Favorite Books of the Year: 2014

Most of the books on this list are part of series. I read mostly fiction, and lots of weird stuff. For the books on the list that I previously wrote a review of, I have supplied links to the reviews below, in case you’re curious.

Also, the first four books on this list are self-published fiction by new or first-time authors. I tried to branch out with my reading this year, and I’m very glad I did. Don’t believe everything you hear about self-published books: there’s more than enough quality out there if you take time to sort through the incredible number of titles available.

Titles that are preceded by an asterisk (*) were not new releases in 2014, but I read them this year, so I’m putting them on the list.

Necromancer Awakening: Book One of The Mukhtaar Chronicles by Nat Russo

Nat Russo is one of my favorite new authors.  After reading the first book of his Mukhtaar Chronicles, I immediately added his other title, The Road To Dar Rodon, to my TBR list. Necromancer Awakening tells the story of Nicholas, an archeologist from a modern-day Earth, who gets sucked out of his apartment and transported to a realm of magic and fantastical beings, where he discovers that he’s the scion of an empire and learns to channel the force known as Necropotency.

Russo’s skill as a writer and worldbuilder is evident, and I was impressed by the ways that he brought a fresh feel to some of the most familiar elements of the fantasy genre. He tells a very well-known kind of story, but his characters, setting, and the language he uses all combine to make for a very refreshing read.

Necromancer Awakening is proof that self-published works can be equal to, or in this case above, the quality of traditionally-published books. This novel was better than many of the fantasy novels I have found being sold in bookstores. Great characters, exciting magic and lots of promise for future entries in this series. I might have to go back and give this one a full review soon, because there’s a lot to be said about it.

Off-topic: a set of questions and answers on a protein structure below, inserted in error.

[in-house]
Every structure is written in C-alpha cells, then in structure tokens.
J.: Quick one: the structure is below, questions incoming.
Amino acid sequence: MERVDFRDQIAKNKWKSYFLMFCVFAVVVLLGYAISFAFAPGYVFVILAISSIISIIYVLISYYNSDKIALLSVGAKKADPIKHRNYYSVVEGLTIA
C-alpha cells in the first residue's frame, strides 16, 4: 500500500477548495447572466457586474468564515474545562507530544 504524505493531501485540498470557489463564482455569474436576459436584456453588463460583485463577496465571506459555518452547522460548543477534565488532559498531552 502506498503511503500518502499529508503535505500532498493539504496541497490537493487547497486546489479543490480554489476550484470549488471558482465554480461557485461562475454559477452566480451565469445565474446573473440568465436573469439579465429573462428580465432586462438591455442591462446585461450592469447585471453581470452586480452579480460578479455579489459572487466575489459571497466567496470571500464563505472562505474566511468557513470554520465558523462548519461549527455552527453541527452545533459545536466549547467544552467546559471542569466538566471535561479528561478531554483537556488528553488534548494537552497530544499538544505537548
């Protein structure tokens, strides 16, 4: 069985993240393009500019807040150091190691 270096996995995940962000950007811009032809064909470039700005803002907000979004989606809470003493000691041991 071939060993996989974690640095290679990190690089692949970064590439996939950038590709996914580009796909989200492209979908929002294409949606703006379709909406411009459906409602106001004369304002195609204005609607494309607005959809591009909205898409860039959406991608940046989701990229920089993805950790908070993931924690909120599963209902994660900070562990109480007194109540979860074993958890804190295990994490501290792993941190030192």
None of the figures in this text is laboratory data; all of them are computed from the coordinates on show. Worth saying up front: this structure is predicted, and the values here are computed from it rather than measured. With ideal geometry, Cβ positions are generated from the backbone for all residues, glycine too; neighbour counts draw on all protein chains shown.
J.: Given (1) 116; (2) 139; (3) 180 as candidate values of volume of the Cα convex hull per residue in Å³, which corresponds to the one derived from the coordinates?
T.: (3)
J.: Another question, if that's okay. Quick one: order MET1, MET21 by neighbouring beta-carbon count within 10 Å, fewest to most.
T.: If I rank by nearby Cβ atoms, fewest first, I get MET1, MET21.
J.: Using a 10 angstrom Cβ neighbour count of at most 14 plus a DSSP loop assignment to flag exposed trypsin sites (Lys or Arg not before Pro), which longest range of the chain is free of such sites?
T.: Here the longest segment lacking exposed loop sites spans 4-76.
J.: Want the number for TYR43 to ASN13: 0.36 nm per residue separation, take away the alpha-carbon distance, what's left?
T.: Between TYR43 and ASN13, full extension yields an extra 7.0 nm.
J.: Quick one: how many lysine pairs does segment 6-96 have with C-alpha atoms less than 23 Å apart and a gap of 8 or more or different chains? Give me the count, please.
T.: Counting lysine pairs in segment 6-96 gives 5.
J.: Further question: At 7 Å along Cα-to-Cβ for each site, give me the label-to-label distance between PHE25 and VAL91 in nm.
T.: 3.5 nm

The Soul and the Seed by Arie Farnam

You can read my review of The Soul and the Seed here.

The short version: I loved this book. I’ve read the first two of this series, and I will be diving into the third soon.

Whatever you want to call it, Urban/Modern Fantasy or Dystopia, the story pulled me in and repeatedly impressed me with its refusal to use cliches or get stuck in genre tropes. The focus here is on characters, and each one enriched my experience of the novel. It’s packed with emotion and some very important musings on the nature of our world, hidden in between the lines of Arie Farnam’s haunting vision of a world where no one can be trusted.

*The Beam by Sean Platt and Johnny B. Truant

You can read my review of The Beam here.